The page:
An Elephant Sitting Still (Da xiang xi di er zuo)

China (2018) Dir. Hu Bo

The world is not a nice place at the moment, a sad but true fact which haunts us all on a daily basis. Many have their own ways of dealing with it – some face it head on with varying degrees of success, others concede to the dog eat dog mentality and join the darker forces, whilst the easiest for many is simply to run away.

Four lives in Jingxing County are about to become unwittingly intertwined, linked only by the urban tale of an elephant sitting in a zoo in Manzhouli completely ignoring the world around it. Petty thug Yu Cheng (Zhang Yu) feels guilty when his best friend commits suicide in front of him having found out Cheng slept with his wife. Meanwhile, the reign of terror of his school bully younger brother Yu Shuai (Zhang Xiaolong) comes to an end after falling down a flight of stairs during a scuffle with Wei Bu (Peng Yuchang).

Wei Bu decides to run away than face the consequences of Cheng getting his revenge, deciding to head to Manzhouli. Wei asks classmate Huang Ling (Wang Yuwen) to join him but she is embroiled in an affair with the school’s vice-dean (Xiang Rongdong). To raise money, Wei sells his prized pool cue to pensioner Wang Jin (Liu Congxi), currently pondering his own future as his son and daughter-in-law want to put him in a home.

There is a prevalent, nagging sense of this near four-hour film being a valedictory statement from first time director Hu Bo, every frame is filled with an impending sense of elegiac hopelessness and despair, painted with a pale, dour colour palette. Tragically, the bitter irony of this is that Hu committed suicide shortly the film was completed, aged just 29 making this his first and last cinematic outing.

Knowing this beforehand watching makes An Elephant Sitting Still an uncomfortable, morbid viewing experience – learning about it afterwards frames the film as an epic suicide note, if this really was the case. Any film with such a long run time will seem like a daunting prospect to sit through, especially arthouse cinema. Some directors are able to make every second vital to the story, like Sion Sono’s Love Exposure or Masaki Kobayashi’s The Human Condition trilogy; Hu Bo is closer to Tsai Ming-liang in taking his time and filming everything even if it is nothing.

A lot of what drives the main cast to want to runaway is the selfishness of others and how easy a solution it is. Wei Bu wants to save being killed in revenge for Yu Shuai, Cheng wants to escape the guilt of his best friend’s suicide, Wang Jin resents going into a home just because a closer catchment area will help his granddaughter’s schooling, and Huang Ling is keen to avoid public humiliation.

Shot in natural light, the grey shadowy veneer instantly denotes a melancholic tone that barely lets up – even in the broad daylight, the air is thick with an ominous atmosphere from the dreary cloudless sky. That every character is flawed in some way or a victim of other’s selfish ways paints a morose picture of a community that happiness forgot, as nary a smile is seen here.

But the darkness isn’t limited to the aesthetic – Wei Bu’s friend carries a gun belonging to his father as protection but would rather hide behind Wei, explaining how he is forced to stand up to Yu Shuai instead. The actual cause of the fateful tussle reveals a home truth about Wei’s father, pressing two of Wei’s red buttons in one go, yet he is still the bad guy in this scenario with Shuai’s bullying seemingly a non-issue in the wake of his injuries.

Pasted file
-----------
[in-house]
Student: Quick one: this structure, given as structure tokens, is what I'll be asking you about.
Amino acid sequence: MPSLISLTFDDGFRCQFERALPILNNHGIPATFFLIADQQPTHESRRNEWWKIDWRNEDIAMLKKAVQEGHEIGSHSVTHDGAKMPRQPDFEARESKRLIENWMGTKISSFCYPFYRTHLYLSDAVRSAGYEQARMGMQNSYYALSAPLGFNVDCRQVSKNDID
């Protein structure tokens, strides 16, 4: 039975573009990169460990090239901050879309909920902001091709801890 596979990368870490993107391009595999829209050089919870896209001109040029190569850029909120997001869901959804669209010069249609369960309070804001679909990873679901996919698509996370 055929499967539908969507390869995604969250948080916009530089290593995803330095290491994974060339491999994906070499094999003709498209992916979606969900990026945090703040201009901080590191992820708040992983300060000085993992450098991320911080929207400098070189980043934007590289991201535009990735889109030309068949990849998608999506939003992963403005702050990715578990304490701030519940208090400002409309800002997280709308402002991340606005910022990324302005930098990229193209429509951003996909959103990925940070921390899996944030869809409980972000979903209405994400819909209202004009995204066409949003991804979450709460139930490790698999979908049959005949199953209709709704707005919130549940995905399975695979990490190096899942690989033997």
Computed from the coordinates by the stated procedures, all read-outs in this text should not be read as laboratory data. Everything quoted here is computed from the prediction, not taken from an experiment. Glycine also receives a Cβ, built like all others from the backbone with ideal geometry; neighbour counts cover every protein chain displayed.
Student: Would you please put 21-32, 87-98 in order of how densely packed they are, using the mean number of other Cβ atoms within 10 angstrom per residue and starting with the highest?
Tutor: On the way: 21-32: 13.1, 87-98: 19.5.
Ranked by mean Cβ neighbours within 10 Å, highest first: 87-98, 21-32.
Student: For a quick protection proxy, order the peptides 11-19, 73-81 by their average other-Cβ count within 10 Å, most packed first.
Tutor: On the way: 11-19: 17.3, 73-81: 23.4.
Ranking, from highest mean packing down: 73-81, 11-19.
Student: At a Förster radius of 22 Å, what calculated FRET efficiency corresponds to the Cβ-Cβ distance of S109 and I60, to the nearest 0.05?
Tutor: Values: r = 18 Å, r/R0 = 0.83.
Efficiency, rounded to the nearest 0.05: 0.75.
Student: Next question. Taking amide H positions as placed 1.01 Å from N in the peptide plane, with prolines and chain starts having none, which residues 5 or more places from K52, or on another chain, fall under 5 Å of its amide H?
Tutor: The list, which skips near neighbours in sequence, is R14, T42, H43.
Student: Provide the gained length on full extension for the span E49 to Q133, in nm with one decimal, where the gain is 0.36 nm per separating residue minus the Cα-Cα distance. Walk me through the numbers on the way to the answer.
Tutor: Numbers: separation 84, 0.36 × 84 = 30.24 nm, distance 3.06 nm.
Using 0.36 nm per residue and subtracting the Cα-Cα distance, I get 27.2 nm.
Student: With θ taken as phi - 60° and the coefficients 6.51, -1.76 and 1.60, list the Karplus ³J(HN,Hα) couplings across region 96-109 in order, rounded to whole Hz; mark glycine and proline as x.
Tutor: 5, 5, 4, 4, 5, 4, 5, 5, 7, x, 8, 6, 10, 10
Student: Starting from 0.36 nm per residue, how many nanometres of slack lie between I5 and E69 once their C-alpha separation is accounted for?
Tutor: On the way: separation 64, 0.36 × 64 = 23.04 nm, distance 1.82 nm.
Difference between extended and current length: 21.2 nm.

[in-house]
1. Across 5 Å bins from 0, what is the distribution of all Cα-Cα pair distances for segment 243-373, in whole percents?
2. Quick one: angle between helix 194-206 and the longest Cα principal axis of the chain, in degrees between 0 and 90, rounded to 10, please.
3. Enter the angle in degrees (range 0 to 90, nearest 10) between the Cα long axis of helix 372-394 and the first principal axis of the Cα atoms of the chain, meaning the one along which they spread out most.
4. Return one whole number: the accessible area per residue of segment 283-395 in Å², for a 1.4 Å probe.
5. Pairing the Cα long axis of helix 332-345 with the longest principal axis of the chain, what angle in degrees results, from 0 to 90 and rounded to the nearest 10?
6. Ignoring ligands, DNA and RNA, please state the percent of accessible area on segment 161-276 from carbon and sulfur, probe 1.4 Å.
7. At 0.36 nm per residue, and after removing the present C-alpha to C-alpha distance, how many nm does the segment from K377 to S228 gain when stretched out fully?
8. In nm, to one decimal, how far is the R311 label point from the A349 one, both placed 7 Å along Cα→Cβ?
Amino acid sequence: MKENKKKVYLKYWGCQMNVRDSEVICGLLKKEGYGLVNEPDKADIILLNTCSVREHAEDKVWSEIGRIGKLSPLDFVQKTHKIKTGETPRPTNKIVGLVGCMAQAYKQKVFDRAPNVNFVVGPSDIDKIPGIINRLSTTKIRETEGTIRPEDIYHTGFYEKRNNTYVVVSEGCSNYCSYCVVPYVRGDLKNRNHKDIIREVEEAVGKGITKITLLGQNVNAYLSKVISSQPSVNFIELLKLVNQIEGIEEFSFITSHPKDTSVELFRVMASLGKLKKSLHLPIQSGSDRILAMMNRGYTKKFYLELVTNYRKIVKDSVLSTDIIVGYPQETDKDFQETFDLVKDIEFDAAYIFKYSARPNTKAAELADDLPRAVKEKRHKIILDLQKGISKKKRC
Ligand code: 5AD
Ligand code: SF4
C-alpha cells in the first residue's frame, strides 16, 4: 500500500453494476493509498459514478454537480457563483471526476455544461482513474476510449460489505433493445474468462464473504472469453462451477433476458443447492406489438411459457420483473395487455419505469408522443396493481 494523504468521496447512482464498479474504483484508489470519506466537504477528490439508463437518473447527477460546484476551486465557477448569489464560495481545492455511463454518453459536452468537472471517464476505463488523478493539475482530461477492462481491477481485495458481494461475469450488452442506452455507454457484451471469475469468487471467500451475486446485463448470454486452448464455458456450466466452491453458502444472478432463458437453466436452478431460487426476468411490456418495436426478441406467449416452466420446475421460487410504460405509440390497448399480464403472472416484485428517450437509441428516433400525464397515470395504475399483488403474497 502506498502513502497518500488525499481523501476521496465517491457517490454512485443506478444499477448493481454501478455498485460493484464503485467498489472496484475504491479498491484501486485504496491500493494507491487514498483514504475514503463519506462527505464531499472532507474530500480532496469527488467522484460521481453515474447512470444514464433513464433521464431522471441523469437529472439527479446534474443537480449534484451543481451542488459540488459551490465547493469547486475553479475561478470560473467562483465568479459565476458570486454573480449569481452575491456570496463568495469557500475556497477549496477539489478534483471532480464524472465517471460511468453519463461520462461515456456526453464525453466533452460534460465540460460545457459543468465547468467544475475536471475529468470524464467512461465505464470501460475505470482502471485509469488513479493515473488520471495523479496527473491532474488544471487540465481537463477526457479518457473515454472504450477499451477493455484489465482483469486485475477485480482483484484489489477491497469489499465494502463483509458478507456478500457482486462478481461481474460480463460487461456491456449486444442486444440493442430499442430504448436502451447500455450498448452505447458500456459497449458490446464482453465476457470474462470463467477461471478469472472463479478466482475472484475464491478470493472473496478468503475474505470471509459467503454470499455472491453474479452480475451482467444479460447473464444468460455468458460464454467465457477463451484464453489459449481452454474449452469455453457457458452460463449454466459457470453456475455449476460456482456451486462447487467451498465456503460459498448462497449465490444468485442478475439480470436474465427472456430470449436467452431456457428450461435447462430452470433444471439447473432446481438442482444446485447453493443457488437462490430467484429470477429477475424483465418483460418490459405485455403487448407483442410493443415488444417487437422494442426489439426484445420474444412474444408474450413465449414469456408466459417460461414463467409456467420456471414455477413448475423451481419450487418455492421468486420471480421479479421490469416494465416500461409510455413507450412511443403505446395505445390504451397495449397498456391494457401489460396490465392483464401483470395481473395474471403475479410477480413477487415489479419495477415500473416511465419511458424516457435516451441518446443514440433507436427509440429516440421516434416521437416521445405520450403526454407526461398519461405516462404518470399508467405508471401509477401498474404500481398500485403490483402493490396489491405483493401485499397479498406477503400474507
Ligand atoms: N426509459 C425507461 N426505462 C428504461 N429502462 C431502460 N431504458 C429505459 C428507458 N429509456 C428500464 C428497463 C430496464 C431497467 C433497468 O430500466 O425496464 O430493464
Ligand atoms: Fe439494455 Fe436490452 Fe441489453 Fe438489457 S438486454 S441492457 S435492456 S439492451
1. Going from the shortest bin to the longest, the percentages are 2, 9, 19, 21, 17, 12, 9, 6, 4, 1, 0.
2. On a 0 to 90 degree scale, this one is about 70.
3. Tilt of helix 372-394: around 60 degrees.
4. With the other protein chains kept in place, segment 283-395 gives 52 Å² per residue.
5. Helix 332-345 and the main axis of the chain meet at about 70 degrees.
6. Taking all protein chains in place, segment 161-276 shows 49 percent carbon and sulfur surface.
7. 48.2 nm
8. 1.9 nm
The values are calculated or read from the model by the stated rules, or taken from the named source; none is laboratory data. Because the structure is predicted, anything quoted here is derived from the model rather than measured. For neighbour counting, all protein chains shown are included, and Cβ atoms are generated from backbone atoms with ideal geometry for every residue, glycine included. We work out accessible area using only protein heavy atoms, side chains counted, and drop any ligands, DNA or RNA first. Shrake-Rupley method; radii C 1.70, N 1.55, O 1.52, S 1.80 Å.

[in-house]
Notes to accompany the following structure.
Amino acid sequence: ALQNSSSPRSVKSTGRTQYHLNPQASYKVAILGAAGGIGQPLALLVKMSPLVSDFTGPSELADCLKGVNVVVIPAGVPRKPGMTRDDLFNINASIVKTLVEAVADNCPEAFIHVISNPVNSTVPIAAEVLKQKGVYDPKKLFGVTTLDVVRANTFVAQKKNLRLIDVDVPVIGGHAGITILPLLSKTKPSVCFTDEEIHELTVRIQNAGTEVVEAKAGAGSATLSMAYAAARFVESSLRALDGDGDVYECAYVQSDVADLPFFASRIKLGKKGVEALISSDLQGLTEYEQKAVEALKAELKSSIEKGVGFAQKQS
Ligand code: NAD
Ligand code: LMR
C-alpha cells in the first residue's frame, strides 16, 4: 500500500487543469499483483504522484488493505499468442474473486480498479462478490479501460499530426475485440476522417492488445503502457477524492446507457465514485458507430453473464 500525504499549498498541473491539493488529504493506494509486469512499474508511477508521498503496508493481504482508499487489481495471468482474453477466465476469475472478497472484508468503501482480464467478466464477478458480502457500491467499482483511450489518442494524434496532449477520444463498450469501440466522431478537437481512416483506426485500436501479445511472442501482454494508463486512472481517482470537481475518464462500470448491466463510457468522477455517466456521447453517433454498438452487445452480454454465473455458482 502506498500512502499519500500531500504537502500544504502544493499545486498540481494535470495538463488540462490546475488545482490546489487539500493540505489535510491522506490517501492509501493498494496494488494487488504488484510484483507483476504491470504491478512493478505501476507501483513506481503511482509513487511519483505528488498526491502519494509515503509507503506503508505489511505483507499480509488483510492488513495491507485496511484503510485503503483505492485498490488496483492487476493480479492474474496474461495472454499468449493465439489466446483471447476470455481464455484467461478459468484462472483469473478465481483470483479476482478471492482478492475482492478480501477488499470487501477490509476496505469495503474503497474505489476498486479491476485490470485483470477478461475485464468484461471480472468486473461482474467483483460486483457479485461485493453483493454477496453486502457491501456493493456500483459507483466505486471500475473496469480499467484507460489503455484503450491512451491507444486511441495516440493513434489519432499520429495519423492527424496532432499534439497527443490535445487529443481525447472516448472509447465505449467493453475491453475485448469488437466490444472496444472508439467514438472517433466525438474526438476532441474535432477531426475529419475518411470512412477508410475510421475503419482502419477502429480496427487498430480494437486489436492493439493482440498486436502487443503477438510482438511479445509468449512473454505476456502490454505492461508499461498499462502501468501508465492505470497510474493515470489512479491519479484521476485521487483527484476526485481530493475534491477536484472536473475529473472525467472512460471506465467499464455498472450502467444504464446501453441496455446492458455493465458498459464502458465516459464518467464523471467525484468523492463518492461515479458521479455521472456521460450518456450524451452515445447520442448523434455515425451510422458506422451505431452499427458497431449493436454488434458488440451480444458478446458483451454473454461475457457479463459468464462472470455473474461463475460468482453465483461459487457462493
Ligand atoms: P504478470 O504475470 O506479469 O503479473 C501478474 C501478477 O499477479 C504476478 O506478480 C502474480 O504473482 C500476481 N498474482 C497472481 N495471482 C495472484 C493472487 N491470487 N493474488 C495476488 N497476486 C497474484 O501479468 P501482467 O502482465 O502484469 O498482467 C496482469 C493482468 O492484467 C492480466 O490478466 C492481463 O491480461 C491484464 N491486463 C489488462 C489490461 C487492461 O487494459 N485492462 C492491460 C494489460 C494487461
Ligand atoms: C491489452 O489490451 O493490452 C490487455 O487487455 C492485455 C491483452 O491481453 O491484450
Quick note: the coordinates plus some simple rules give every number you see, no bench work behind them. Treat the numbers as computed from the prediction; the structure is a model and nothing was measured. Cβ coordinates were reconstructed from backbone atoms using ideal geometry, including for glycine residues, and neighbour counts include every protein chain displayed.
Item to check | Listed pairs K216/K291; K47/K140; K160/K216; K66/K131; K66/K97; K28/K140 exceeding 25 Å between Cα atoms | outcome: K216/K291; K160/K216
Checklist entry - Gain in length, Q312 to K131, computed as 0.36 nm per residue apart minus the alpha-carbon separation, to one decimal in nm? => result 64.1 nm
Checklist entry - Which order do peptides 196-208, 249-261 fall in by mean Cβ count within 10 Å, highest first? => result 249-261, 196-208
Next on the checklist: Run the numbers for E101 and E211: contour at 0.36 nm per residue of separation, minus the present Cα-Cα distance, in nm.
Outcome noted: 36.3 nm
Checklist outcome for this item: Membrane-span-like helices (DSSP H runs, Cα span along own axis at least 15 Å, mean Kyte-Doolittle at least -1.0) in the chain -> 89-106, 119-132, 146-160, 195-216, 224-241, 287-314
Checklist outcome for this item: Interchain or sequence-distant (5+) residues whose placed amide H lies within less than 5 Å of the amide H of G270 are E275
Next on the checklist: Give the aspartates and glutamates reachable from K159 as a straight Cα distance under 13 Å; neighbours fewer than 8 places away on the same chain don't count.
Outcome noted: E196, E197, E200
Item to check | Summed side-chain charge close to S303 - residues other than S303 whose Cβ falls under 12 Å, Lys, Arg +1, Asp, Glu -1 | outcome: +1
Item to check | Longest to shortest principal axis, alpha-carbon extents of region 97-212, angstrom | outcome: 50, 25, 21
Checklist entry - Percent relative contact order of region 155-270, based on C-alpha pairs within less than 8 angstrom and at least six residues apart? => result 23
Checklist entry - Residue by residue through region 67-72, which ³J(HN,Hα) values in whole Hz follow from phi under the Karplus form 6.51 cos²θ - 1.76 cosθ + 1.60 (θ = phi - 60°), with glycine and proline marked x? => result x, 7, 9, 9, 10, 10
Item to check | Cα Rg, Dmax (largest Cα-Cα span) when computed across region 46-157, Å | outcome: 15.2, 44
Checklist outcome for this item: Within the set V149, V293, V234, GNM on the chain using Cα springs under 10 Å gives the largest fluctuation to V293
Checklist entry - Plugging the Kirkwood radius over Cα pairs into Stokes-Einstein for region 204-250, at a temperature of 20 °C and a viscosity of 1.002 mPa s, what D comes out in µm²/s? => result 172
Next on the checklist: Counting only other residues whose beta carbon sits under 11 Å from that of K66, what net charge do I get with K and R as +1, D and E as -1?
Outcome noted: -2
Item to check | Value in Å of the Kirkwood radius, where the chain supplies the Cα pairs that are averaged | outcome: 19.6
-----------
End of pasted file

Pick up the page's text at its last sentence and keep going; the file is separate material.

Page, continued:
The suicide of Cheng’s best friend borders on the comical the way he simply takes a running leap off the balcony (off camera), yet any remorse felt by Cheng and his newly widowed lover is about the death and not the affair. But Cheng has already resigned himself to being a career scumbag and is only seeking revenge for his brother out of duty, a distraction from revealing how shaken he is by his friends suicide.

Redemption is not what anybody seeks in this scenario, though few deserve it. Some are victims of their own folly as much as the actions of those embroiled in it, illustrating the sad truth that self-preservation is always top priority. When one person does try to fix the trouble they’ve caused they only make it worse, but would the outcome have been any different if the truth had been told at the very beginning?

For a story about running away, it concludes that this isn’t always going to guarantee that all problems will disappear – if anything, it will simply present a new set of problems just in a new location. In other words, they are all trapped by their own guilt, actions, selfishness, or pride wherever they go, so maybe toughing it out is the best option in wiping the slate clean.

After almost four-hours of inert meandering and drawn out, angsty, cod-philosophy, the closing scenes are a huge comedown, almost separate from the rest of the film, that seems to resolve very little, even with its enigmatic denouement. Had it come after 90-minutes or so, maybe it would have sat a little better but pushing the four-hour mark makes it even harder to accept as a satisfactory conclusion.

I have no doubts I personally would have warmed to An Elephant Sitting Still had Hu Bo listened to the producers and cut the run time in half as its greatness would have shone through more brightly. Others will undoubtedly get more from the languid presentation and ponderous atmosphere than I did; however, the biggest shame is that we will never get to see where Hu Bo would have taken us next. It’s rare such a poignant debut is also a tragic swan song.

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